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“Our archives are treasure troves - a testament to many lives lived and the complexity of the way we move forward”
When researchers talk about archives they are usually referring to unique historical records that have been preserved, and which can be interrogated as evidence for research purposes.
However, such records were not usually created for this purpose, and were more likely to have been created with an immediate purpose in mind; such as business need, creative output, or legal necessity. Records become archives when they are deemed to have historical value by society and are kept for the evidence they provide.
Archives can be created by anyone in society: from private creators such as families, estates and individuals; to organized groups and official institutions such as charities, societies, businesses, churches, schools, councils and governments.
Traditionally, archives might take the format of handwritten and typescript records on paper or parchment, audio and video recordings on film, or still images on photographic supports such as glass or paper. From the late 20th century, archives might increasingly take the format of digitally created records in a vast range of electronic file formats. Record types can also vary hugely, however, we might commonly find the following within archival collections: letters and email accounts; diaries, journals and blogs; press cuttings and online articles; photographs and AV material; minutes and reports; accounts and financial statements.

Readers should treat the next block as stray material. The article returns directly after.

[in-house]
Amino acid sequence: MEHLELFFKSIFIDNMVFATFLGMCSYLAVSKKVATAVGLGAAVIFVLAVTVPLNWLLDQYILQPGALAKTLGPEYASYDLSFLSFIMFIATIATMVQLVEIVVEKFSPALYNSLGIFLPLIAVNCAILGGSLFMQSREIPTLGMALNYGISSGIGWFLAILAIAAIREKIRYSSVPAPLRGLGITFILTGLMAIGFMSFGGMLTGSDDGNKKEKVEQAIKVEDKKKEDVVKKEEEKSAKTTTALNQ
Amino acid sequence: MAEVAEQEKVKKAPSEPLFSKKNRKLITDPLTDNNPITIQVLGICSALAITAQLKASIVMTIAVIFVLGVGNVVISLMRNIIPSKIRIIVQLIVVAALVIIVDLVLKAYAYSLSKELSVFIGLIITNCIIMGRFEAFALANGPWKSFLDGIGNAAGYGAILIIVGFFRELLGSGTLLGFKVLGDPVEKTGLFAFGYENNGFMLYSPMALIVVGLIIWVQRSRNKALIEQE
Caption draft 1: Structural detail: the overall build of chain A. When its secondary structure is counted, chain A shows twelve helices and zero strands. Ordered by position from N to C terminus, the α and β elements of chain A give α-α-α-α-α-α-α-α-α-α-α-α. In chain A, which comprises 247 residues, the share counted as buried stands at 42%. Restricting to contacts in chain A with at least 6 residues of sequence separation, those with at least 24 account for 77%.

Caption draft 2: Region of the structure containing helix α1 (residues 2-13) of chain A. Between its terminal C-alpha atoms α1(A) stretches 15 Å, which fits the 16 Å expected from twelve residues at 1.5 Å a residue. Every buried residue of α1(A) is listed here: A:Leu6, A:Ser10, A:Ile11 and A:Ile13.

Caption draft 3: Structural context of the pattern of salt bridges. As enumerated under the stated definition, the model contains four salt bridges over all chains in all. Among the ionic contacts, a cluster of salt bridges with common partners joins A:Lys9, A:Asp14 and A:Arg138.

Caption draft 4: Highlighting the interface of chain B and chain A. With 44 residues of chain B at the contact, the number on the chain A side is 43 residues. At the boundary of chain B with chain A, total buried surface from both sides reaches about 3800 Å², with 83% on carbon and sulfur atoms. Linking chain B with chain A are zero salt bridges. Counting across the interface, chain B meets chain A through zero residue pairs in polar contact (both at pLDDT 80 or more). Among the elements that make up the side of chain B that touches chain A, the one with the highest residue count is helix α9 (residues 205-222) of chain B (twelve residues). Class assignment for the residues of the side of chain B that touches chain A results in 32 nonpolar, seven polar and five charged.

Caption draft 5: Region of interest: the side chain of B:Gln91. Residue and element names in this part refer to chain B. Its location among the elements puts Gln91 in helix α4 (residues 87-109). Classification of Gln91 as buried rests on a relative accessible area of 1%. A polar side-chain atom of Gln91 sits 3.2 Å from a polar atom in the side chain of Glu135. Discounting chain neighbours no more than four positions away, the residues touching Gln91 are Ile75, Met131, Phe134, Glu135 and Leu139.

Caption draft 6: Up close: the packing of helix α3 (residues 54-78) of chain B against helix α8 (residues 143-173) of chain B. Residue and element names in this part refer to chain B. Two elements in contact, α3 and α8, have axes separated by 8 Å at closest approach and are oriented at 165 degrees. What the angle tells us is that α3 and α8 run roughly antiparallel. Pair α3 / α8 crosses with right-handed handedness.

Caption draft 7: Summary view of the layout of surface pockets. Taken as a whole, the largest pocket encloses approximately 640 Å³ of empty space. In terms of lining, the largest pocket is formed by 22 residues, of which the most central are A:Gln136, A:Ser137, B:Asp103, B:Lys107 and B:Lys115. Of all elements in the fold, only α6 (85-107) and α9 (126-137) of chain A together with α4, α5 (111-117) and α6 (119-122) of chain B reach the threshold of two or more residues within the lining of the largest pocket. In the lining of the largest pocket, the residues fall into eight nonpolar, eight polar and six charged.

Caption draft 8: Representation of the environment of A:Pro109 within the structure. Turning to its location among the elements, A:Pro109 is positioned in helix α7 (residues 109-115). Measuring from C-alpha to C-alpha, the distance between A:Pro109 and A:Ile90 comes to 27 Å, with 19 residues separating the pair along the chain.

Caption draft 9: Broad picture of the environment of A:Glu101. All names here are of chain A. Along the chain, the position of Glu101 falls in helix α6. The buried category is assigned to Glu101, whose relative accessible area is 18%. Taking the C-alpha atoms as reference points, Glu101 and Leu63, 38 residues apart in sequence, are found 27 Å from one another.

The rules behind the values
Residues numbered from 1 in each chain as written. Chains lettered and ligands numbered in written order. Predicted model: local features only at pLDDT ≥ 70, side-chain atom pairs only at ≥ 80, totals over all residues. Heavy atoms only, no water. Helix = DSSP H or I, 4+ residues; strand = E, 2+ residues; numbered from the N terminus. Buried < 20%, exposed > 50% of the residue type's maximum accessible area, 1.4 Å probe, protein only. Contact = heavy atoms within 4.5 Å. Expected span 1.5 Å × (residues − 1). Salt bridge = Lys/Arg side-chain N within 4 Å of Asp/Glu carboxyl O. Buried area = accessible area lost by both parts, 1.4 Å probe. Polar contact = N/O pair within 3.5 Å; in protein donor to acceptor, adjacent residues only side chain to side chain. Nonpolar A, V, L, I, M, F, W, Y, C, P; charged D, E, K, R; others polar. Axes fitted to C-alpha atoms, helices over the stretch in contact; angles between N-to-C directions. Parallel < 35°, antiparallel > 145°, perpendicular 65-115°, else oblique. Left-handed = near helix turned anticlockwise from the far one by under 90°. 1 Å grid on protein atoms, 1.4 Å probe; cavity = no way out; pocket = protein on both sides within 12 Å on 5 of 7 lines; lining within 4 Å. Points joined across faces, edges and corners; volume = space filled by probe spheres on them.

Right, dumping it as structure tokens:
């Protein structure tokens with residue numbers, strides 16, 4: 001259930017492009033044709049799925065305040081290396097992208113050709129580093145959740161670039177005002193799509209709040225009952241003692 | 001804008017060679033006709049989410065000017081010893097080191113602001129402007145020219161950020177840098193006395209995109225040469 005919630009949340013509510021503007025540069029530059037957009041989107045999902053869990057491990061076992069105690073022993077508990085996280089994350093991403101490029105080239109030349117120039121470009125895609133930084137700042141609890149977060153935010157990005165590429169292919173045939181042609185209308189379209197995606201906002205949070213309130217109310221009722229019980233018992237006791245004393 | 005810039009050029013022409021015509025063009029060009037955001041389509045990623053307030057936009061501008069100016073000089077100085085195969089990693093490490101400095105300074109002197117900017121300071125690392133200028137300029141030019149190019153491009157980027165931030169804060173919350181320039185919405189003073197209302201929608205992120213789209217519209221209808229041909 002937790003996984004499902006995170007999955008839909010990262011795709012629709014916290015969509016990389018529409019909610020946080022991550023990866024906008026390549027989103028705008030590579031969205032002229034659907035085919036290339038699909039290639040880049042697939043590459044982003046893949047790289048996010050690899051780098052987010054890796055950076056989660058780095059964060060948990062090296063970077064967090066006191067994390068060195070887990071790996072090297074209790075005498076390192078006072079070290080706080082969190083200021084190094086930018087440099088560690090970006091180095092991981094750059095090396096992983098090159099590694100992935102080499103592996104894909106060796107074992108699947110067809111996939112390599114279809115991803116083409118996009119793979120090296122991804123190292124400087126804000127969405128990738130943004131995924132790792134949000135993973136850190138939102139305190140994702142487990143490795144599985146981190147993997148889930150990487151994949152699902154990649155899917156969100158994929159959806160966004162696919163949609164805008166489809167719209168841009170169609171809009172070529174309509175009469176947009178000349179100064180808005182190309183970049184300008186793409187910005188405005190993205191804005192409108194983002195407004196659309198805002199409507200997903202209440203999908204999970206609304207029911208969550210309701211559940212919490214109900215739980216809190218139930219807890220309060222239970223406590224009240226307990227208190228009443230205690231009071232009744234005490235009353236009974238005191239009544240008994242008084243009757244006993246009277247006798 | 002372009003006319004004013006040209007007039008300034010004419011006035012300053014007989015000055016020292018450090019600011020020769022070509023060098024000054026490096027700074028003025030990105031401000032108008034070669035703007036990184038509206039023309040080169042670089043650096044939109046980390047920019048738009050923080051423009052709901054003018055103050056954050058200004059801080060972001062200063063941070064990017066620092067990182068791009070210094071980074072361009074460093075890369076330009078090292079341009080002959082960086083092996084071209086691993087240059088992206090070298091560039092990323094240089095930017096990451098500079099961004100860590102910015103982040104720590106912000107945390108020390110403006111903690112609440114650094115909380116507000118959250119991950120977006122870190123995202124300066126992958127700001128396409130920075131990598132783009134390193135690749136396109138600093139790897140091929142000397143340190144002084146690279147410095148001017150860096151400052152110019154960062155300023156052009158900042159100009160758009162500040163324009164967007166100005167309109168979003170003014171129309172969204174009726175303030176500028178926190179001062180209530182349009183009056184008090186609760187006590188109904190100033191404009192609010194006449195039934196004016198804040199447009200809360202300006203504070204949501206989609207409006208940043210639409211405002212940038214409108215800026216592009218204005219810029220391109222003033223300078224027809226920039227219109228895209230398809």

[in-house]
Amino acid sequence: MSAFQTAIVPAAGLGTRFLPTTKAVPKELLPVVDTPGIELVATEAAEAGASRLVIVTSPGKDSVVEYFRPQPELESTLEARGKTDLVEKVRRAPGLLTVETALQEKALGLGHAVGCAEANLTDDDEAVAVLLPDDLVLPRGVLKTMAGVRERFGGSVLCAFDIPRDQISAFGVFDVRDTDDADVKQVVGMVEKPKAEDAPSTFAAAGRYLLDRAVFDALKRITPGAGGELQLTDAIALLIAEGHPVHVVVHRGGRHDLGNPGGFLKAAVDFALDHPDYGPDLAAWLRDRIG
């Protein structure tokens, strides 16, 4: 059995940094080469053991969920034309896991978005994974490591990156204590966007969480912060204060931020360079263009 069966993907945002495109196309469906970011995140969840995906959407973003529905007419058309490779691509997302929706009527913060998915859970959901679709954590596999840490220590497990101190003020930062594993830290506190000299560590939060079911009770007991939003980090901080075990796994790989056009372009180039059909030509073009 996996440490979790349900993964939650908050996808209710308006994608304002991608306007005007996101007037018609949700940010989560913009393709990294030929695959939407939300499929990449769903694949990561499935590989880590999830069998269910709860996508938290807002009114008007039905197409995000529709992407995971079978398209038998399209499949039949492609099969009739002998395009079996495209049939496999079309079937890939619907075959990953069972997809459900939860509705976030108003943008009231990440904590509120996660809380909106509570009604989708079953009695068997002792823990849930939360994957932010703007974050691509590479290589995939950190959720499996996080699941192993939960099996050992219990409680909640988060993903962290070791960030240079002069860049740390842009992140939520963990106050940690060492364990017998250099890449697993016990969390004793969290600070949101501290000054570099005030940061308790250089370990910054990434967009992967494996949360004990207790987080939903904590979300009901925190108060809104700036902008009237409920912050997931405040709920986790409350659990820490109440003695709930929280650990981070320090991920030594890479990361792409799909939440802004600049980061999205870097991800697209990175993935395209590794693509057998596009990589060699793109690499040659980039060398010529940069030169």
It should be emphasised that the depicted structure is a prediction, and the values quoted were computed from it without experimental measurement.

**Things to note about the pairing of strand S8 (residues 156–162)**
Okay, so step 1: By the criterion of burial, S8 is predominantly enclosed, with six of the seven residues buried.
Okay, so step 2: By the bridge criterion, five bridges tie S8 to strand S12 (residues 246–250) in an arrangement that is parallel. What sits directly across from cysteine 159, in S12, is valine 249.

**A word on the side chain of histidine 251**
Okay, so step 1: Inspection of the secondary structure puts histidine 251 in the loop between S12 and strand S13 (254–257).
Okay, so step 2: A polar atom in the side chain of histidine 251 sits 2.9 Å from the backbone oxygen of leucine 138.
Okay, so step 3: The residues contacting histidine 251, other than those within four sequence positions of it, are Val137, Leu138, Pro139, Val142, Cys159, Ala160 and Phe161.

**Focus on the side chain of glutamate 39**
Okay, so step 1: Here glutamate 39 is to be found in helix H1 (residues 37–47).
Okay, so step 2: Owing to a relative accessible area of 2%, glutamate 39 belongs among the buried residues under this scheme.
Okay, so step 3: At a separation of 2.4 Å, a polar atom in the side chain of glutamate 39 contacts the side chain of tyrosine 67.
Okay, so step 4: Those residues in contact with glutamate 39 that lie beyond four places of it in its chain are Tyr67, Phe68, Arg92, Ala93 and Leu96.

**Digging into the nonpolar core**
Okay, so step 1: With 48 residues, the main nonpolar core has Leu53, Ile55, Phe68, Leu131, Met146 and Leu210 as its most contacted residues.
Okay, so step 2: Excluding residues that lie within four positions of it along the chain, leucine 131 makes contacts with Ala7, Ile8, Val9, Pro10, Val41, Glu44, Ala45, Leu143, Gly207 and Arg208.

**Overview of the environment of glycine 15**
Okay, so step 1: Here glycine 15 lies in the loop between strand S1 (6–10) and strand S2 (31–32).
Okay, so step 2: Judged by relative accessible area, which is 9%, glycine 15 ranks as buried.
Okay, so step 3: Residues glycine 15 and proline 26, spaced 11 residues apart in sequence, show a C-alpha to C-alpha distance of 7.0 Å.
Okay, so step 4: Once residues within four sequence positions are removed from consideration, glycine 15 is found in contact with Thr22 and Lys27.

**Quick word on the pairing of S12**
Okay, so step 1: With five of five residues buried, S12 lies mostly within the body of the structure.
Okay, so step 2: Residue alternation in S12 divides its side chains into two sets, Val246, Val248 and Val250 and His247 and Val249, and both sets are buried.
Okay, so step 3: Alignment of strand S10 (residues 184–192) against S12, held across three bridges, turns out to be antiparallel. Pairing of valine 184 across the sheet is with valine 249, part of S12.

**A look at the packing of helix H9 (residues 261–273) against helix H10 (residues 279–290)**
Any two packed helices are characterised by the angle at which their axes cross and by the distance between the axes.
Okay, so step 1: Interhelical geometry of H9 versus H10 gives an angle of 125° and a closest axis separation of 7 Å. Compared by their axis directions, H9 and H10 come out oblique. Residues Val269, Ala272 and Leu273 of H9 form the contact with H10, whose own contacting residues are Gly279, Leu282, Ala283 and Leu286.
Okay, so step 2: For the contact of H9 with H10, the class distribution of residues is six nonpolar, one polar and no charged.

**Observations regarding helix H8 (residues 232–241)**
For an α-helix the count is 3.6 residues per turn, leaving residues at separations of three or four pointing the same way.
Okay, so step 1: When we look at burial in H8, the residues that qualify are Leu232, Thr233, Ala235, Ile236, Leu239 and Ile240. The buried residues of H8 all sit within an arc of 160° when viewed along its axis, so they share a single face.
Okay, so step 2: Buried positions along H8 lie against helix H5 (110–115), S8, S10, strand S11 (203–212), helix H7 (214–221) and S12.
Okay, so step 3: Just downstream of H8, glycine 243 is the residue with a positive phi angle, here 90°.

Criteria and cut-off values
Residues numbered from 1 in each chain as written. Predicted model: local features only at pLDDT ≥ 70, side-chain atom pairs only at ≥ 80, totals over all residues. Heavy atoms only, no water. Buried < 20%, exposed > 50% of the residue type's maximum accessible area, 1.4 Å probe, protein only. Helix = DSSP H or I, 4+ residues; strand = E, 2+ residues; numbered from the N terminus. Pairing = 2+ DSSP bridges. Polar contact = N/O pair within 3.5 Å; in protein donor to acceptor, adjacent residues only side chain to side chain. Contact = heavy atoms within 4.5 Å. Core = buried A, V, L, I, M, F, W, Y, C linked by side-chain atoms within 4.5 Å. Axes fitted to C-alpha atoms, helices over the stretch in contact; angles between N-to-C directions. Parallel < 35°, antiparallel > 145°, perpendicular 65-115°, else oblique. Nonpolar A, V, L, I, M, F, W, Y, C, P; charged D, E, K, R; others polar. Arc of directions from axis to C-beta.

Therefore, any record, in any format, created by any individual or organisation, has the potential to become archival and contribute to the preservation of society’s collective memory. Unlike published library materials, which have many duplicates, archives are unique and can usually only be found in one place. They give us a unique and original perspective on the past, and without them we would have no real sense of history and where we have come from.
Taking the time to think about where material is likely to be held is a good starting point when trying to find archival material. It allows a researcher to make better directed enquiries by email or phone.
Archives are held in hundreds of repositories across the UK. Repositories, in this sense, are simply buildings where archives are kept. These buildings can be operated by private organisations, such as charities and businesses. They can also be operated by public organisations, such as universities, schools, museums and local authorities.
The type of material held in a repository is determined by the collecting policy of the organisation responsible for running the repository. Collecting policies define the boundaries of what an organisation preserves as archives. They can be driven by statutory requirement, business need, research interest, and ethical responsibilities to individual communities. An organisation responsible for an archive repository will usually make their collecting policy publicly available on their website, see for example Hull History Centre's collecting policy.
The following are some general rules of thumb relating to what categories of archival material researchers are likely to find in different types of repositories:
- All counties, and most large cities, have record offices which collect material relating to their geographical area